Update, June 17, 2018: In addition to providing a link to the original blog post, any use of content that I, Miles Spencer Kimball, own should include the notice:
Used by permission according to a temporary nonexclusive license expiring June 30, 2024. All rights reserved.
Additionally, content that I own, but which first appeared in another outlet needs that other outlet acknowledged. In those cases, I provide the modified notice, but the date of expiry should be adjusted to June 30, 2024. For example, "The Coming Transformation of Education: Degrees Won’t Matter Anymore, Skills Will" has listed as the appropriate notice
© February 9, 2015: Miles Kimball, as first published on Quartz. Used by permission according to a temporary nonexclusive license expiring June 30, 2017. All rights reserved.
Going forward, this can be modified to:
© February 9, 2015: Miles Kimball, as first published on Quartz. Used by permission according to a temporary nonexclusive license expiring June 30, 2024. All rights reserved.
The purpose of the revocability and expiration clauses is to keep open the possibility of commercial deals in which I give some entity exclusive rights to some of this content (or exclusive rights with some exceptions). The date June 30, 2024 is chosen as a period of time within which I am quite confident there will be no such commercial opportunities. If I become quite confident there will be no such commercial opportunities for a longer period of time, I will post another update here.
Update: this legal notice has been superseded by the later legal notice dated 8/3/2012 linked at my sidebar and here. What you see below is null and void after November 1, 2012. Because I allowed 90 days for people to see the link to the updated legal notice at my sidebar, what you see has some legal effect until then, but its meaning is already greatly limited by the later, superseding legal notice dated 8/3/2012. On August 3, 2012, I hereby invoke the following clauses:
I reserve the right to revoke this blanket permission at any time
Anyone wishing to continue relying on this permission for additional reproductions or uses is required to check this blog at least once every ninety days and carefully read all legal notices linked to at the sidebar, even if they have previously read one or more of these notices.
Everything below the row of asterisks remains unaltered from the way this notice has appeared since June 15, 2012, two days after the post was originally published.
Joe Bruns says this in a comment about my post “Balance Sheet Monetary Policy: A Primer”:
Great article. May I use this in my economics class? The concept of creating money from nothing is foreign to freshmen in HS. This completes the circle explaining why this concept is important.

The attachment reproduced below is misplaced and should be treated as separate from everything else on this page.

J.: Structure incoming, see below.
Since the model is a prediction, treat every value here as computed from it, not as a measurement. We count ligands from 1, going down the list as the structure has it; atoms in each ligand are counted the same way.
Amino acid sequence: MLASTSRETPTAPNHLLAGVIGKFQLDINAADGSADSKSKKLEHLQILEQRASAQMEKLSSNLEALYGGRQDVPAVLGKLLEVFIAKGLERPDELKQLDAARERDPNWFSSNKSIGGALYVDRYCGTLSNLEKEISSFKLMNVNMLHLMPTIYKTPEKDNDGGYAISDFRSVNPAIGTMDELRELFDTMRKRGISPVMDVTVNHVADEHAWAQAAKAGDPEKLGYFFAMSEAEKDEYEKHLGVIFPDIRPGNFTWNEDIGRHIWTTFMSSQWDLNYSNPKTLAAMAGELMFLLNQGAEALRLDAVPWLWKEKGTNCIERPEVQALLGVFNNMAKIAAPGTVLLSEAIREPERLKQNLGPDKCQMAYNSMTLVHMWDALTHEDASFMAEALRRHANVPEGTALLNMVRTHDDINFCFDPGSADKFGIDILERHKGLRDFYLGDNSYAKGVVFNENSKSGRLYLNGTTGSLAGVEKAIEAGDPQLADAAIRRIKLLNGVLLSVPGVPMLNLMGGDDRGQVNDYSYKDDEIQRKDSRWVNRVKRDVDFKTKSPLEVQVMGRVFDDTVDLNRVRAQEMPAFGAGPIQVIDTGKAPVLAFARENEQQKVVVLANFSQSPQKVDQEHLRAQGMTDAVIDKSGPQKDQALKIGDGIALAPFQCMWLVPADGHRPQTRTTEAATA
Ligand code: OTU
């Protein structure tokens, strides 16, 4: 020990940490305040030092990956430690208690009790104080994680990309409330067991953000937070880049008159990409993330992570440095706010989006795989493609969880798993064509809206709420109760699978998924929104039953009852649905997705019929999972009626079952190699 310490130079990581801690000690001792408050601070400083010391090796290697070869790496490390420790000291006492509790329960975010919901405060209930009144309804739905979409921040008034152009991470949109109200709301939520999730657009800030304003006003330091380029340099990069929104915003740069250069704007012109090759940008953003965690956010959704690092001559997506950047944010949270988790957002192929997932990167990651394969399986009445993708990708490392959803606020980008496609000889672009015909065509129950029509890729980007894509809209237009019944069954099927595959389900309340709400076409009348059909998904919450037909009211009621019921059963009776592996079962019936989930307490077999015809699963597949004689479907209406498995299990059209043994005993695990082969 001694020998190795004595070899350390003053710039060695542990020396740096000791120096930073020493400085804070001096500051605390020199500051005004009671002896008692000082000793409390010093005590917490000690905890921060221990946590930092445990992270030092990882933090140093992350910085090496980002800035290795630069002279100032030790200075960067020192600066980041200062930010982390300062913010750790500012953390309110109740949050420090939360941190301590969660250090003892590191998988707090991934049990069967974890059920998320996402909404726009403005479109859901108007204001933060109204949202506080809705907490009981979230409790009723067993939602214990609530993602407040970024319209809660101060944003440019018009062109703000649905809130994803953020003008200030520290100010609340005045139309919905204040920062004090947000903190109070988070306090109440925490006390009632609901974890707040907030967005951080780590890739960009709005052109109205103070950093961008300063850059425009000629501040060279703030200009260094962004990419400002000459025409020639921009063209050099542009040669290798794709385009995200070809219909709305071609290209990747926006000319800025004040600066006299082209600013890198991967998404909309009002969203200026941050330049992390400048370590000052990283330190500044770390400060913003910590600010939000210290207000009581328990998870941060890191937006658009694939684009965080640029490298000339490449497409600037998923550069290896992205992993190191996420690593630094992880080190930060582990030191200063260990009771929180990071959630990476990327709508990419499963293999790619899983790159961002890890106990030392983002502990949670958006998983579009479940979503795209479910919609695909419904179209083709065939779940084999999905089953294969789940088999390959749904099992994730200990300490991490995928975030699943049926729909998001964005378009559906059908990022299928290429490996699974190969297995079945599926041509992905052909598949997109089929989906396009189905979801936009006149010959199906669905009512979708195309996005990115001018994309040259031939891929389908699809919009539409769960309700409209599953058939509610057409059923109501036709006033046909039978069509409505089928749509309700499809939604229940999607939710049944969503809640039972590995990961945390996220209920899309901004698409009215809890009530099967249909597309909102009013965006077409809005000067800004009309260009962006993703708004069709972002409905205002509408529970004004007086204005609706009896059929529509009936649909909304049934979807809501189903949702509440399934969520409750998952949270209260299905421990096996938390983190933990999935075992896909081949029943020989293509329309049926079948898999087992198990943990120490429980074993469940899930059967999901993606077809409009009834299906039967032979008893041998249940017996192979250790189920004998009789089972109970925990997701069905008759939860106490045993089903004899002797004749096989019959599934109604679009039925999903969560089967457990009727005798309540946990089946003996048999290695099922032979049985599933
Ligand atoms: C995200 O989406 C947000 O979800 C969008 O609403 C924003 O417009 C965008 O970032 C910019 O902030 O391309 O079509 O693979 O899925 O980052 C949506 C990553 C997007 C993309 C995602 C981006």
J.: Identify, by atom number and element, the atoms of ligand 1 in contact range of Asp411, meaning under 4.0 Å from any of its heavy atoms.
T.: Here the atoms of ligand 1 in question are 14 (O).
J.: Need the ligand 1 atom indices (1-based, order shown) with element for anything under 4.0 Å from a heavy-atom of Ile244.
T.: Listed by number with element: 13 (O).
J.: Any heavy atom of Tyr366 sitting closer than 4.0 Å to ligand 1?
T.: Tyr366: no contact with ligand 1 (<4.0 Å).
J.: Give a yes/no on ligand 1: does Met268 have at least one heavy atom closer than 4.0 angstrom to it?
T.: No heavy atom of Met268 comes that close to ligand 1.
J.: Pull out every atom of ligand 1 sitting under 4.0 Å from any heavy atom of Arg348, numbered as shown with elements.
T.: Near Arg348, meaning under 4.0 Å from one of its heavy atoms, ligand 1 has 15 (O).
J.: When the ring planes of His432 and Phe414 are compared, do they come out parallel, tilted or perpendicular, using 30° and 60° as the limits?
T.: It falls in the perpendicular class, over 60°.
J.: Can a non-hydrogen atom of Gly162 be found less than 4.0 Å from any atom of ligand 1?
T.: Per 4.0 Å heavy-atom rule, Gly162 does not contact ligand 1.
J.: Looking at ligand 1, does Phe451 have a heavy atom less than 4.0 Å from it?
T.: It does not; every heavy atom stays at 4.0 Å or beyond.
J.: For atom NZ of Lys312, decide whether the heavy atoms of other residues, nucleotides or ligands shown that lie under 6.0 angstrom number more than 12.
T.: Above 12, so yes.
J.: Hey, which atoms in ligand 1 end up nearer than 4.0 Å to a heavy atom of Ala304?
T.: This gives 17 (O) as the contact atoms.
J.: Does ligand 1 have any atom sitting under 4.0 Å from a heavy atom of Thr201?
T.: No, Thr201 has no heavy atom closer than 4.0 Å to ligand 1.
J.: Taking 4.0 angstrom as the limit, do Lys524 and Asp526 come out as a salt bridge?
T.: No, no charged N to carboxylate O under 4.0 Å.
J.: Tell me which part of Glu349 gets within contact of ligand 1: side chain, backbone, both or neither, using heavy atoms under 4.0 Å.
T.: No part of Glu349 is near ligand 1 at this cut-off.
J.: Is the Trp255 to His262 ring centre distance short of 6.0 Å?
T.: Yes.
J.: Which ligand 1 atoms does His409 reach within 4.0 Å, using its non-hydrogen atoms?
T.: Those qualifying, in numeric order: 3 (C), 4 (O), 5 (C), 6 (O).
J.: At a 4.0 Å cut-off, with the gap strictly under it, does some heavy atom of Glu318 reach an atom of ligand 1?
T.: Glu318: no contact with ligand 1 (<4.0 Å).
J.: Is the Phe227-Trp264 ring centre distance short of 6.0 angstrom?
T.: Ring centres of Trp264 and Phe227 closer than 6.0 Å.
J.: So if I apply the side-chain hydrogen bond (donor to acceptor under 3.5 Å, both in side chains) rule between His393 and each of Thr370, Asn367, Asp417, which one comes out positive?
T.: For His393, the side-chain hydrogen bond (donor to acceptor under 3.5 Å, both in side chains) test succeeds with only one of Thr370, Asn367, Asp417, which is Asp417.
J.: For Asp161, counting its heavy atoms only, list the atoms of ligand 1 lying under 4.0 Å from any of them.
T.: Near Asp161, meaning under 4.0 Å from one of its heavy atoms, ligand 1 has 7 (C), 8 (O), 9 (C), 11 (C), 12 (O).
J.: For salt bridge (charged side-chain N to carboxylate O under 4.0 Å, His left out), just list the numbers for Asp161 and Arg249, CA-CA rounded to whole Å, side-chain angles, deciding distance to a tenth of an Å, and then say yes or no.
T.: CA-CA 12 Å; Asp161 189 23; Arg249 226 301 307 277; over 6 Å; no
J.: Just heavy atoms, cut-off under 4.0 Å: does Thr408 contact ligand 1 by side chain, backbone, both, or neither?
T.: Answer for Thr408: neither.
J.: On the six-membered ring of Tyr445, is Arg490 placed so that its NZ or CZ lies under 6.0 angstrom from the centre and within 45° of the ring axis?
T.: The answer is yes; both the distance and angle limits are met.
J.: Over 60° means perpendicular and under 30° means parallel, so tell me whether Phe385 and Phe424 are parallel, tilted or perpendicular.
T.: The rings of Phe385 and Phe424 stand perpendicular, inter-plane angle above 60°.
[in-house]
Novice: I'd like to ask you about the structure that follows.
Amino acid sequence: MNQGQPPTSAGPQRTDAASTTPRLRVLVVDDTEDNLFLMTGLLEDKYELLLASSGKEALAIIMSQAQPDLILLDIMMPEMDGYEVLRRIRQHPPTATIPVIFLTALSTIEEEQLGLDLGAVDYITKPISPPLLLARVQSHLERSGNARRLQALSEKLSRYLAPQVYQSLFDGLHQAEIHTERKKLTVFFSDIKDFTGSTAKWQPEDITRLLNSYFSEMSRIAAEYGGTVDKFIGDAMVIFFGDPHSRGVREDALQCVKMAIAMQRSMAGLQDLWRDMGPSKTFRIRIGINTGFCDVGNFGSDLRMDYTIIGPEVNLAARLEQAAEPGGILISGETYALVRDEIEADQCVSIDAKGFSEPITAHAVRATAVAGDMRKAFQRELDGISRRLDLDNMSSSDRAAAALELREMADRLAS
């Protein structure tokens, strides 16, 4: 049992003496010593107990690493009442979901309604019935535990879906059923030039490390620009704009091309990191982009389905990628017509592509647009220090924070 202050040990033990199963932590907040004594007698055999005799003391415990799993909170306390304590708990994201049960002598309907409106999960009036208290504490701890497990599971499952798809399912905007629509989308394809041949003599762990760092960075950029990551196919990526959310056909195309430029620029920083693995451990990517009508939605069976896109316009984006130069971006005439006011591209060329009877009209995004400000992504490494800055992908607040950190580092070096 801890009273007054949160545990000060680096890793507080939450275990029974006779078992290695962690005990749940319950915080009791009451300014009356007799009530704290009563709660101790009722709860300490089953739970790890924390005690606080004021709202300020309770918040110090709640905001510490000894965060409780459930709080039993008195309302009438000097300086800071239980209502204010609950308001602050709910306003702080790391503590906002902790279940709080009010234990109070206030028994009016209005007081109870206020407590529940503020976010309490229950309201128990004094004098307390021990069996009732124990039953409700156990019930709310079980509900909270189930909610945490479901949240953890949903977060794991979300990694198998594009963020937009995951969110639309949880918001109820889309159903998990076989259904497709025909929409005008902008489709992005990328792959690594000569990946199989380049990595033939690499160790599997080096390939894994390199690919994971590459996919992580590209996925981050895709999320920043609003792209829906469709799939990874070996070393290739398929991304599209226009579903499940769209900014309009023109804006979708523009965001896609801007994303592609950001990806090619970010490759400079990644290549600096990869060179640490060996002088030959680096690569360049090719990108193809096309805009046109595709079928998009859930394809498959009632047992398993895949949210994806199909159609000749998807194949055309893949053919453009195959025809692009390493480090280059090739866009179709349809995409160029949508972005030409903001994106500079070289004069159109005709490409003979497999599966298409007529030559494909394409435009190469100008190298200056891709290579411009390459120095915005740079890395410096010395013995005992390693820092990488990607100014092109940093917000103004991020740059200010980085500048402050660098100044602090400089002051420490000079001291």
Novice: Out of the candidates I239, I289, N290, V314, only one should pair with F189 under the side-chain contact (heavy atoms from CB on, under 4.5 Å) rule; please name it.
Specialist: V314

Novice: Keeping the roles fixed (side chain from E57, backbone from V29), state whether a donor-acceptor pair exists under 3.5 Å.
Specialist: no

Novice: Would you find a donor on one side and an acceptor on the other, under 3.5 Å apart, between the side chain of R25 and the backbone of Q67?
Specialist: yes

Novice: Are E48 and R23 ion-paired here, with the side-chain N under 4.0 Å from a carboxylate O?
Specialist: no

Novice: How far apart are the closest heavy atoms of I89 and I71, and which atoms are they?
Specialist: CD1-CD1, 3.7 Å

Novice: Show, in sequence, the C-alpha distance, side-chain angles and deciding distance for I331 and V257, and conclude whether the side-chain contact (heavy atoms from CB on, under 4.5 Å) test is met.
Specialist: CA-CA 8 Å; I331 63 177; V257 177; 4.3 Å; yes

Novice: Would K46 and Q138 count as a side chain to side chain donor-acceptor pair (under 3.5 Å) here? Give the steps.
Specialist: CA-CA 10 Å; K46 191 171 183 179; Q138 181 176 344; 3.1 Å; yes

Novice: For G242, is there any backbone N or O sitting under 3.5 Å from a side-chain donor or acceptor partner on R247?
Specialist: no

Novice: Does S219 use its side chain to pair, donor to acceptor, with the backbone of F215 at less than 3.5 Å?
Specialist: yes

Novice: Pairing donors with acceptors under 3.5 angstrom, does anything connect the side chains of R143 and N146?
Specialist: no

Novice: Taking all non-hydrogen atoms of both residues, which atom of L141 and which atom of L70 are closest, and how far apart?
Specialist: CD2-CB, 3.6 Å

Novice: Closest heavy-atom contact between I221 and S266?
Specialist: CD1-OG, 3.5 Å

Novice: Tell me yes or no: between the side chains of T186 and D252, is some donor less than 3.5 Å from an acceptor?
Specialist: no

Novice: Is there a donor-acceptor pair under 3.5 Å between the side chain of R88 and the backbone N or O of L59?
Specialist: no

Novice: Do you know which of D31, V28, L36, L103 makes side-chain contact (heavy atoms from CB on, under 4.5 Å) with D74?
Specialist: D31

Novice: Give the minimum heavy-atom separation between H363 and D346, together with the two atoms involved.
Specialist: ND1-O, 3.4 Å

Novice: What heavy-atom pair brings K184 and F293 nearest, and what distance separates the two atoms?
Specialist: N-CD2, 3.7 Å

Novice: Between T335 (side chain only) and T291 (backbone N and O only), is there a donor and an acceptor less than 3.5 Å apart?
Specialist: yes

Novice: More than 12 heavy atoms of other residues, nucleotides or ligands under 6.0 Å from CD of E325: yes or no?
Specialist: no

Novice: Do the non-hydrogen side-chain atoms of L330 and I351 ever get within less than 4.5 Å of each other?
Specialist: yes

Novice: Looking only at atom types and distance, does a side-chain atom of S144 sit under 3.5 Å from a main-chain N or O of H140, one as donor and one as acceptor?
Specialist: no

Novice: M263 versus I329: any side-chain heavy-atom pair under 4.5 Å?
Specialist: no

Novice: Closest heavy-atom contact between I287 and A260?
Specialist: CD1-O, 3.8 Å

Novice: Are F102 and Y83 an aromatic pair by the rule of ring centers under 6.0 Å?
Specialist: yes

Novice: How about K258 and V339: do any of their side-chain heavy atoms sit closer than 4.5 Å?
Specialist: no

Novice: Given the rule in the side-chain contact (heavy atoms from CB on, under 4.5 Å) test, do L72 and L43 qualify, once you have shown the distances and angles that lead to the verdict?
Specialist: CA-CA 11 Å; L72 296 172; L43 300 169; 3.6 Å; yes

I would be delighted to have any of my posts used to teach economics classes.
Though I reserve the right to revoke this blanket permission at any time, until further notice on this blog, with two exceptions noted below, I (Miles Spencer Kimball) hereby give anyone the right to freely reproduce and use any of the material on this blog to which I hold copyright as long as he or she properly credits this blog (including noting the web address of this blog) and properly recognizes my copyright on any and all reproductions and uses. Anyone wishing to continue relying on this permission for additional reproductions or uses is required to check this blog at least once every ninety days and carefully read all legal notices linked to at the sidebar, even if they have previously read one or more of these notices.
EXCEPTION 1: This permission does NOT extend to anything I write or otherwise create that appears on any other website. It only applies to content taken directly from this website. That is, you must be able to see the content you want to reproduce or use at a web address that begins with the characters http://blog.supplysideliberal.com in order for the permission above to apply.
EXCEPTION 2: This permission does NOT extend to any post appearing on this website (including any content in the comments to that post to which I hold copyright) if the post has a notice of exception at the top of the post (above other content but below the title).
- For students, I think it would be especially valuable to send them to this blog itself, because they might click on some economics beyond what is assigned and learn even more!
- The situation in which I can imagine revoking this blanket permission is if some part of the content of this blog is packaged for sale at some point. I don´t currently have any plans along those lines, but I want to be legally careful.
- Anyone can freely link to anything in the blog and make “fair use” even apart from this permission.
- Exception 1 means that if I take something down from the website, this permission no longer applies, since you have to be able to take it directly from the most recent version of the website. Also, in the much more common case of a post that has had some revisions, it means that you need to use the most recent, updated version of a post, taken directly from the current version of the website at the time you need to download.
- A link to this notice appears on the sidebar. If you are using this permission, you should click on that link at least every ninety days to see if the text of this permission has been changed in any material way. For example, I just added the two exceptions and changed “quarterly” to “ninety days." These modifications are included under the revocation clause. The latest version of this notice applies. The sidebar is currently on the right.